Work and studying, it was my life for so long. Work, LSAT class, work, LSAT class, then suddenly it’s all over. I find myself on the other side of the finished line and truthfully, it doesn’t feel as great as I thought it would. I have to wait 2 more weeks to find out my LSAT score, I’ve already waited a week.
I should be more relaxed, I’m now more than a week into my year-long vacation. I should be excited, Shanghai is only a month away. But mostly I worry and I stress. I’m so used to being stressed, maybe I’ve forgotten how to relax. It feels strange to not have all these responsibilities weighing down on my shoulders; I don’t know what to do with myself.
The first week of my vacation was rather uneventful. I was sick in bed for all of it. Less than 24 hours after the LSAT, my body gave up. I’m certain that I had willed my body into staying healthy for those terrible weeks leading up to the test. For two months, twice a week, I would rush to Berkeley after a full day of work for 4 more hours of class. There wasn’t always time for dinner and there was never enough time for sleep.
Those were difficult days, but I loved them. I loved the hustle; I loved being productive all the time. In two weeks, I get to find out what it was all for. No pressure. I already felt all the pressure during the test.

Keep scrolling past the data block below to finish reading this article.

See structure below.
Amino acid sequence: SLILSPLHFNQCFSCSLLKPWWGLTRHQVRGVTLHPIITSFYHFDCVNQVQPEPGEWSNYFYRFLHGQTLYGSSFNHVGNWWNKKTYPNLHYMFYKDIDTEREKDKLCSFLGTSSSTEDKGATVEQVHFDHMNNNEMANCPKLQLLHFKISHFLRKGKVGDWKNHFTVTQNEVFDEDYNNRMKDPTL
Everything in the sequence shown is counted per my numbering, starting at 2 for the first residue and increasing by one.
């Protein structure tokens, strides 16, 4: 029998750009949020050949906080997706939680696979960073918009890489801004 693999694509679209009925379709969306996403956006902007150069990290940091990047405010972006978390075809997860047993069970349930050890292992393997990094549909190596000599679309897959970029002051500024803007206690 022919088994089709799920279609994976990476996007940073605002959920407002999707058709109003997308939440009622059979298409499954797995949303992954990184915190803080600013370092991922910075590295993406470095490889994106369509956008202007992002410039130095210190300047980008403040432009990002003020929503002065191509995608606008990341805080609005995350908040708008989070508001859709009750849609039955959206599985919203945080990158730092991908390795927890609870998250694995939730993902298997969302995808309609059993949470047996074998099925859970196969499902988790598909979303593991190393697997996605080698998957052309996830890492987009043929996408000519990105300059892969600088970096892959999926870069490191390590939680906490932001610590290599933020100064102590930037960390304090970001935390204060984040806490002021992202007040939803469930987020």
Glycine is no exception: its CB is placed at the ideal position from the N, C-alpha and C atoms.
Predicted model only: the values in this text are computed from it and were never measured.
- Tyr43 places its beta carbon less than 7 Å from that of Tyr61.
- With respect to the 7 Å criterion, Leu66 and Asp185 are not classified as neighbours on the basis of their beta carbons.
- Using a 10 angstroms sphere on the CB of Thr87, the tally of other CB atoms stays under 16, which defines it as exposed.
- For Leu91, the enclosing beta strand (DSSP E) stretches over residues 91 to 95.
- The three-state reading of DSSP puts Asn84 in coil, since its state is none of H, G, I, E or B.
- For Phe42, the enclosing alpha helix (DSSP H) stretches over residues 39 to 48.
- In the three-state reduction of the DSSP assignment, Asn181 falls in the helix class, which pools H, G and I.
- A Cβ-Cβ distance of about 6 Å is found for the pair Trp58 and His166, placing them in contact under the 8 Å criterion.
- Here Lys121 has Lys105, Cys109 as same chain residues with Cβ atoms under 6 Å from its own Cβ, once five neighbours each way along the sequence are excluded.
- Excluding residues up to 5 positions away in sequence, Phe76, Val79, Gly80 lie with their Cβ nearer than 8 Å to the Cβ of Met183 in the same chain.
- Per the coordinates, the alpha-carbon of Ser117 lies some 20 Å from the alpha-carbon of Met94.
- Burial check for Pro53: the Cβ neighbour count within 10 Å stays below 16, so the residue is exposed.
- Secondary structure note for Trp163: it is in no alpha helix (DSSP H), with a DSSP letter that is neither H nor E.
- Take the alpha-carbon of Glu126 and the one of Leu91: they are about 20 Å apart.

In less than two weeks, I’ll be back in sunny San Diego. There really is no cause for complaint — the weather is beautiful, the food delicious, the shopping extravagant. But it is not the Bay Area. I can’t express how difficult it is for me to leave the Bay. I’ve worked so hard to build my life here and it feels like I’m throwing it all away. I wake up every morning feeling like I just went through a breakup and two thoughts keep me going: (1) I haven’t started packing for the move and (2) Shanghai.
I think about everything I’ll miss here in the Bay Area: my apartment, the food, my friends. Then I think about my dad in Shanghai, my grandparents, the intolerable summers and the excruciating winters, and it all seems worth it. I’ve thought it through a thousand times, and now a thousand and one.
Still, quitting my job and taking a year off to live in Shanghai? I’m pretty crazy.